HAVANA, (Reuters) – Cuba rolled out a master plan this week to reform food production and sales that definitively ends the state’s monopoly on distribution and replaces many rules that hamper farmers and consumers.
A decree, which puts the management of most food distribution in non-state hands, will be applied on an experimental basis in Havana and the adjoining provinces of Artemisa and Mayabeque before going nationwide beginning in 2015. With the country importing around 60 percent of its food and private farmers outperforming state farms on a fraction of the land, authorities are gradually deregulating the sector and leasing fallow land to would-be farmers.
It is slow going, with farm output up just a few percentage points since President Raul Castro, who replaced his ailing brother Fidel in 2008, began agricultural reforms as part of a broader effort to “modernize” the Soviet-style economy.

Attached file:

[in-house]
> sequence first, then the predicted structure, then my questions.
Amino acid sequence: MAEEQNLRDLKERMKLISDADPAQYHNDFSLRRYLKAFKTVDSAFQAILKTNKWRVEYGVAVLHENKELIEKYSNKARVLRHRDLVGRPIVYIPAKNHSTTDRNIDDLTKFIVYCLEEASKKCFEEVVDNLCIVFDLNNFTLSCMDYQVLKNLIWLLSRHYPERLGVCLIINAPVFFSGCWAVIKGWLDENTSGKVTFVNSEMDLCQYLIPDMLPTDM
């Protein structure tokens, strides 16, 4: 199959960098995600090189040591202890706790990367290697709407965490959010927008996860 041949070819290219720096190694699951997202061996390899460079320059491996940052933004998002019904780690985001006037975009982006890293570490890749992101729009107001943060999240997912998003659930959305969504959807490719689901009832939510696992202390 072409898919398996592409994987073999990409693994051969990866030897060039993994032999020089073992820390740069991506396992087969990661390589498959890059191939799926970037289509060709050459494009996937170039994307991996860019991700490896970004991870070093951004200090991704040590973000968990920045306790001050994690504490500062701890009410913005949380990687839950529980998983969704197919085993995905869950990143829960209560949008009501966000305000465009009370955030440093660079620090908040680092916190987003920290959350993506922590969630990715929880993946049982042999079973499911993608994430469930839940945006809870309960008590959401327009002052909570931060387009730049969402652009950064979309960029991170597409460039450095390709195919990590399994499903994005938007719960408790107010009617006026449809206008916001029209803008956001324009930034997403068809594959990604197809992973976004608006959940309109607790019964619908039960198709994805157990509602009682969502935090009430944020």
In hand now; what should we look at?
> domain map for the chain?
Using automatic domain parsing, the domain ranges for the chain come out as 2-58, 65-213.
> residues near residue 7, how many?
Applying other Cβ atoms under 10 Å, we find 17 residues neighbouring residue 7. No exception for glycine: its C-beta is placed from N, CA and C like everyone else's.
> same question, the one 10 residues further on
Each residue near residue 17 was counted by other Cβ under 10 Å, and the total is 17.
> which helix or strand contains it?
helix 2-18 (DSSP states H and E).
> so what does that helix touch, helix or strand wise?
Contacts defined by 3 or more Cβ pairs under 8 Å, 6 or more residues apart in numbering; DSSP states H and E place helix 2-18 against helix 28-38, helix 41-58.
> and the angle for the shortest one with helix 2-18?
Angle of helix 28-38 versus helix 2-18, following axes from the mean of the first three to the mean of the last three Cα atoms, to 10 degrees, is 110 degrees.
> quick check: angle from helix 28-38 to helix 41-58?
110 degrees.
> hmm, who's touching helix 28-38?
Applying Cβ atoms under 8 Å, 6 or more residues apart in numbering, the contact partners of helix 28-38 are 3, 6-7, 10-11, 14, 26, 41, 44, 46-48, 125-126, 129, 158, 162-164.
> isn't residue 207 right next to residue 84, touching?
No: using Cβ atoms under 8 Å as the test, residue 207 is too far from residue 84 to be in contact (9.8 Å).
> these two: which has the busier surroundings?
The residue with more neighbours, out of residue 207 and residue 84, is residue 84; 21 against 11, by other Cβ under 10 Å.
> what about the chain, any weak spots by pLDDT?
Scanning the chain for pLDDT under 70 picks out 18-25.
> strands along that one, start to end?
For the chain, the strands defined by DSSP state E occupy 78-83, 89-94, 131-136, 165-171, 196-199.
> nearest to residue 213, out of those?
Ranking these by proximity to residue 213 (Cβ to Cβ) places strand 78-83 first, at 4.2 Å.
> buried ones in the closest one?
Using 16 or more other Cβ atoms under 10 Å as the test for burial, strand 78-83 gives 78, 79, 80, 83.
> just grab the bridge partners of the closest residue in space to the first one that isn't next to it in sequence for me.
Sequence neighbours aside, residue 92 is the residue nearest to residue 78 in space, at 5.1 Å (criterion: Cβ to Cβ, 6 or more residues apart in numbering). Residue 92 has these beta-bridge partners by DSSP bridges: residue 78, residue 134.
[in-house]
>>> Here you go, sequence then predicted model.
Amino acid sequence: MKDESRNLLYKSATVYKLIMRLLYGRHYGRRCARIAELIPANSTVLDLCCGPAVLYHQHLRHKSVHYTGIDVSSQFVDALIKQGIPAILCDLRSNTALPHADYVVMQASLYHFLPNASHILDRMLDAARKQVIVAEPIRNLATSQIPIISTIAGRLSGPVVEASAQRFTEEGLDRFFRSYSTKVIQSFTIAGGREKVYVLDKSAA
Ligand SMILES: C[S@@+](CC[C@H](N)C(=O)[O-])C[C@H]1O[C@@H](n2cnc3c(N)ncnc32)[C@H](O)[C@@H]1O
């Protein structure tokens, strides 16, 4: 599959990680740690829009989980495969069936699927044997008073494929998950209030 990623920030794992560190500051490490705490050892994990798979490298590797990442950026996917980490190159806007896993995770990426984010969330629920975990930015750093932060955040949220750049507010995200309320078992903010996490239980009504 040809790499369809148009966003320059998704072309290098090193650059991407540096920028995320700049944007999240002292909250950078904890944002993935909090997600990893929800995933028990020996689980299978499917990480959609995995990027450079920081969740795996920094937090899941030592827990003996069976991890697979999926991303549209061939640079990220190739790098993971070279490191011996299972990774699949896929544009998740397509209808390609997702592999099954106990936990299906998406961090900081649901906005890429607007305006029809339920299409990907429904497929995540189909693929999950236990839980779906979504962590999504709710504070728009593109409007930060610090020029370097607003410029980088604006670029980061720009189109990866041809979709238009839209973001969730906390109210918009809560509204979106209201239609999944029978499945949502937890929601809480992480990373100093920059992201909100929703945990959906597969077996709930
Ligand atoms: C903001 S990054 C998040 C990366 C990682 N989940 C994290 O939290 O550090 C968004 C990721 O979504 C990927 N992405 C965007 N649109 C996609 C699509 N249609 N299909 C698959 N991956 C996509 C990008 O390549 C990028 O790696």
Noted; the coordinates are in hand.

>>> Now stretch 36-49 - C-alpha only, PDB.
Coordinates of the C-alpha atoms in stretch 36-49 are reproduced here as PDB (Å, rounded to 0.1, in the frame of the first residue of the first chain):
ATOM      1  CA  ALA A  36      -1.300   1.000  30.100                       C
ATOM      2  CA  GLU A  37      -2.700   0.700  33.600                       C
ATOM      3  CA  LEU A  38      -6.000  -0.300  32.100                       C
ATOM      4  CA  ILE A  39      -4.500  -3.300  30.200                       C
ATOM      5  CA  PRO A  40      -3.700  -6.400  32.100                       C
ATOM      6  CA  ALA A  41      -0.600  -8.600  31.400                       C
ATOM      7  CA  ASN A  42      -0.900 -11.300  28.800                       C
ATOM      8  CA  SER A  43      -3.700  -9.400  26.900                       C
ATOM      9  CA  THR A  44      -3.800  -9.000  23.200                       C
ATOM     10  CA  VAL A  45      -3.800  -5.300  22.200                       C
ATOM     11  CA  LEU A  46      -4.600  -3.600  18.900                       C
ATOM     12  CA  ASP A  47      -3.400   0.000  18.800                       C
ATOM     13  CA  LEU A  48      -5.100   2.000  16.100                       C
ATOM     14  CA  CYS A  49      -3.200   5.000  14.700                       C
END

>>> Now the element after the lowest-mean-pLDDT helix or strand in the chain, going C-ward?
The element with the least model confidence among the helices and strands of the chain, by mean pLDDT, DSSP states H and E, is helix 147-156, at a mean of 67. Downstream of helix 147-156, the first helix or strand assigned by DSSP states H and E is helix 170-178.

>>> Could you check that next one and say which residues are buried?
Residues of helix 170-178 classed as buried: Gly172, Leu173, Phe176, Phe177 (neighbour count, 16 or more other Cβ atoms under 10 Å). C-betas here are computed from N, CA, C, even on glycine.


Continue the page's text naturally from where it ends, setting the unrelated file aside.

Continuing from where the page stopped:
Many aspects of the new law bring together reforms already in place or activities that have spontaneously developed and been tolerated by authorities even if technically illegal, including the renting and selling of trucks to farmers and allowing them to contract private hauling of crops instead of relying on the state.
The decree allows farmers, cooperatives and state farms to sell produce in any quantity and to anyone they please after meeting state contracts, instead of being mired in regulations as to how much they can sell, to whom and how.
Large consumers, including state entities and private eateries, can purchase produce wholesale from private farms and cooperatives, instead of just the state.